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Ecological interactions between benthic-ranched and wild California sea cucumbers



In British Columbia, the California sea cucumber (Parastichopus californicus) supports a limited, but high-value fishery. Recently, increased market prices have generated a great deal of interest in farming sea cucumbers. Many of the proponents are interested in benthic ranching on the nutrient-rich seafloor beneath existing finfish and shellfish aquaculture sites. Research is required, however, to:

  1. examine growth and survivorship of sea cucumbers in this nutrient-rich zone,
  2. determine the success of maintaining cultured sea cucumbers within the boundaries of the farm site, with and without fencing, and
  3. address the management concern that wild (non-seeded) sea cucumbers will immigrate onto the culture site and be harvested as cultured product.

We are currently undertaking research to:

  1. investigate the movements of adult sea cucumbers near aquaculture sites to determine potential interactions between benthic-ranched and wild animals,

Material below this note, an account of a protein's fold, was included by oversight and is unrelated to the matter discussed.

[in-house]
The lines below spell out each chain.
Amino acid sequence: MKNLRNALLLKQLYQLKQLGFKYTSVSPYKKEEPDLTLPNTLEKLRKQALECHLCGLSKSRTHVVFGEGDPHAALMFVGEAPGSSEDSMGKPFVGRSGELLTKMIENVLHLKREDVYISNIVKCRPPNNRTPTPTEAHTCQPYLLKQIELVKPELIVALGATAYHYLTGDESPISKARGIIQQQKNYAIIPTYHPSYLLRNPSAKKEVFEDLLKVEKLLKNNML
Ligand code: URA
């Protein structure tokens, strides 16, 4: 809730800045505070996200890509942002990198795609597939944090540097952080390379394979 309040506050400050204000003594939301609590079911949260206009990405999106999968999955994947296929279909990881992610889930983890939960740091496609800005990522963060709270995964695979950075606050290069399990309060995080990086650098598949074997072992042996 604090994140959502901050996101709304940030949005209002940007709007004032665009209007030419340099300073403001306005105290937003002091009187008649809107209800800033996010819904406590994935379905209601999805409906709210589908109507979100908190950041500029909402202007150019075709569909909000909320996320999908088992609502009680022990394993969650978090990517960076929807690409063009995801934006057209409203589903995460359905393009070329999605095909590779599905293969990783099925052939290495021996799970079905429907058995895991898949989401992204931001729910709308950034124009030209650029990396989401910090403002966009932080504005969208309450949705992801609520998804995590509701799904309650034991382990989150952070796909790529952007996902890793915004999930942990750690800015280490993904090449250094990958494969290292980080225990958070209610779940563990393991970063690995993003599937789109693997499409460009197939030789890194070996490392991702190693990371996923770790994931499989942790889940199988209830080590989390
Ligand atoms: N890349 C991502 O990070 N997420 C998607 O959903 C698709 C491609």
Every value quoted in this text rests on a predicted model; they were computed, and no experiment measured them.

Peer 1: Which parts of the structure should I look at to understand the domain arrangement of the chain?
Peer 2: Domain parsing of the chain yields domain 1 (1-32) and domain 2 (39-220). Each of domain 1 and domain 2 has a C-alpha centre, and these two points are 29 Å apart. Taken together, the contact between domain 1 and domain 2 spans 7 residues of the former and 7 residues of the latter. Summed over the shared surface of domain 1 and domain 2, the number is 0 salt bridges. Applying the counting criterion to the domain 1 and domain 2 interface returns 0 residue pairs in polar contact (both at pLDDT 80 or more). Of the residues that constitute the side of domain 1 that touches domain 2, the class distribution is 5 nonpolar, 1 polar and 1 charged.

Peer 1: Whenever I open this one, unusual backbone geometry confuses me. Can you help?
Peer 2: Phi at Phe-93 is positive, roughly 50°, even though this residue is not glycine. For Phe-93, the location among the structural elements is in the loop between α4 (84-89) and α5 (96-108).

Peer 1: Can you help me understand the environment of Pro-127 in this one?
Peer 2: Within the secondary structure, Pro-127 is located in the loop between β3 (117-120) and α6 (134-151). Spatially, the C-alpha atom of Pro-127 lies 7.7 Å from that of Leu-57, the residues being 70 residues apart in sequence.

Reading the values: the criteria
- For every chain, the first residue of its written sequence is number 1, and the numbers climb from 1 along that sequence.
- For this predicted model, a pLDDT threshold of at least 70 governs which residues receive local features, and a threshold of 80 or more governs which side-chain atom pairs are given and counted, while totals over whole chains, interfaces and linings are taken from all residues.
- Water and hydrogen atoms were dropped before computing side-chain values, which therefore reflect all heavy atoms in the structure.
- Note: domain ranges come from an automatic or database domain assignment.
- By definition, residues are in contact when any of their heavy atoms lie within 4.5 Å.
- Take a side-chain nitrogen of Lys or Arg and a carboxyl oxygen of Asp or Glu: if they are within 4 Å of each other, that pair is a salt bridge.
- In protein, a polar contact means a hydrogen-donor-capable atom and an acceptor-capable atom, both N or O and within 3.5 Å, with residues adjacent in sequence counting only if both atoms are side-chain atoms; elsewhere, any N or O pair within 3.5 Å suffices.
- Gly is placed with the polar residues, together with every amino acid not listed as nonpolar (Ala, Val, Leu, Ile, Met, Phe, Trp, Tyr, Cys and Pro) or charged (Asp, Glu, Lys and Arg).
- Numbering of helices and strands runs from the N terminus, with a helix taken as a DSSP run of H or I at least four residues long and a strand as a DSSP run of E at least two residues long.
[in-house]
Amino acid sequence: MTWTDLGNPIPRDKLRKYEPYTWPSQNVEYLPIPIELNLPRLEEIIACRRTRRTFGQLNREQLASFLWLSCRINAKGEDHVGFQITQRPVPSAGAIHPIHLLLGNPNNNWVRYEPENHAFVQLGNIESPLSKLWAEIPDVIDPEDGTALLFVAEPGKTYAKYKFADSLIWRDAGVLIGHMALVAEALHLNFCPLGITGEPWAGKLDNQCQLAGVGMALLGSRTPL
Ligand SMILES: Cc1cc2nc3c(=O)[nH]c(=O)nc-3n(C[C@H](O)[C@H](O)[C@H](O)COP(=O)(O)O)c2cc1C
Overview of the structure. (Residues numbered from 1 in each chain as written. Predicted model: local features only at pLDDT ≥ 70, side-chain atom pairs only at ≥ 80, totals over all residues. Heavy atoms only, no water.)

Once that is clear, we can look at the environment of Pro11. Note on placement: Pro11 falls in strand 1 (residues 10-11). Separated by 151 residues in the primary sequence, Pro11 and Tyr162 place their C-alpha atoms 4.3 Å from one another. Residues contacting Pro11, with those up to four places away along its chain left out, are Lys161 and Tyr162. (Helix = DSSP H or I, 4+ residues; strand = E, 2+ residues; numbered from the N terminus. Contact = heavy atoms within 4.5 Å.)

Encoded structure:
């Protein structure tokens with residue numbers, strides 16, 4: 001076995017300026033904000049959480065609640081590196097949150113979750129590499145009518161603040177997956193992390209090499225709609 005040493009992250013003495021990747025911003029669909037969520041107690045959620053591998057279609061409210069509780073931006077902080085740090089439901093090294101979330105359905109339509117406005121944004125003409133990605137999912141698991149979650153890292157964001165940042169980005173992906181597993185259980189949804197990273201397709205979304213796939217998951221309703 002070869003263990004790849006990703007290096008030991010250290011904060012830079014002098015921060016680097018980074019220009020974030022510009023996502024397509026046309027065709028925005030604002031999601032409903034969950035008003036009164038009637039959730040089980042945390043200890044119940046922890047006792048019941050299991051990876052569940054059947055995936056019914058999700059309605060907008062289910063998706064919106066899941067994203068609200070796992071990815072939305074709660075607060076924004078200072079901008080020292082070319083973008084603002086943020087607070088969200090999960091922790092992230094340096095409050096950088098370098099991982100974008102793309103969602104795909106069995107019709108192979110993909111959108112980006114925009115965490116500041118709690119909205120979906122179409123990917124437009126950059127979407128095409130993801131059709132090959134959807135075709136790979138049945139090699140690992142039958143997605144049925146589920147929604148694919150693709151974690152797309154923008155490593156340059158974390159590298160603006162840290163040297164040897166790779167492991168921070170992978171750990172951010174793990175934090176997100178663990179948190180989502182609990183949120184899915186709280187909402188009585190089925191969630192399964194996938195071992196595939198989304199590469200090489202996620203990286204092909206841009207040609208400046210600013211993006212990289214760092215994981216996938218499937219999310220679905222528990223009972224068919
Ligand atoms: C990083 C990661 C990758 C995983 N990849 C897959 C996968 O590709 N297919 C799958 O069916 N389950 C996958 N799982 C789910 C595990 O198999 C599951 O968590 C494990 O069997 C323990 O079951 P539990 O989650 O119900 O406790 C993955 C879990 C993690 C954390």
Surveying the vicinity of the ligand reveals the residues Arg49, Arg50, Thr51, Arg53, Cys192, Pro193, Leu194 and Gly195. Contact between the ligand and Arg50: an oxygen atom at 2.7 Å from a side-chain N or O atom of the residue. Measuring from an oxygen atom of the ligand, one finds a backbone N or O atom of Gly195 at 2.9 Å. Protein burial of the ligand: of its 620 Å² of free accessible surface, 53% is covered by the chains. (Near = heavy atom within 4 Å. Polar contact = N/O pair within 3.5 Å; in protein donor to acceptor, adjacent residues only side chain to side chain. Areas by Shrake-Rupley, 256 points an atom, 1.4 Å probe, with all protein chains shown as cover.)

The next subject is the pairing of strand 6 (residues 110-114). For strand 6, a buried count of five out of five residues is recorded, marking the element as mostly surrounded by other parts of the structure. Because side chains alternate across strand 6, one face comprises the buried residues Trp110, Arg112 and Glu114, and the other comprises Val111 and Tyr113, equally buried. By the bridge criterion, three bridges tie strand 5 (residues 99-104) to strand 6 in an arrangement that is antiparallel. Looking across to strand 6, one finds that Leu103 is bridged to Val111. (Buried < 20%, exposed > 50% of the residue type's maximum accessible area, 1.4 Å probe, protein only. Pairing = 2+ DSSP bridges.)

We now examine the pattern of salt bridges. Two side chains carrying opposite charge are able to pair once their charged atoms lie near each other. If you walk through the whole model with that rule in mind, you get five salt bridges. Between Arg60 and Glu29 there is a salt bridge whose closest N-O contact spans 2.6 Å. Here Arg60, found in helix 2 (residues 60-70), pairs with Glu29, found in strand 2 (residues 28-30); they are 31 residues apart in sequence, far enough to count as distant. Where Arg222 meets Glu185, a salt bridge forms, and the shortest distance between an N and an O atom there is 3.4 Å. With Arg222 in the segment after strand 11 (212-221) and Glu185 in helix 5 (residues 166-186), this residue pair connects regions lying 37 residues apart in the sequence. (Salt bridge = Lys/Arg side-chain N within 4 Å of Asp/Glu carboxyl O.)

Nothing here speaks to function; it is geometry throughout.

2. examine the effects of stocking density and nutrient levels on the growth and survivorship of juvenile sea cucumbers both underneath and away from shellfish farms, and
  3. examine if there is a reduction in organic loading underneath shellfish farms when sea cucumbers are present.

Program Name

Aquaculture Collaborative Research and Development Program (ACRDP)


2012 - 2014


Pacific: Vancouver Island West Coast

Principal Investigator(s)

Chris Pearce

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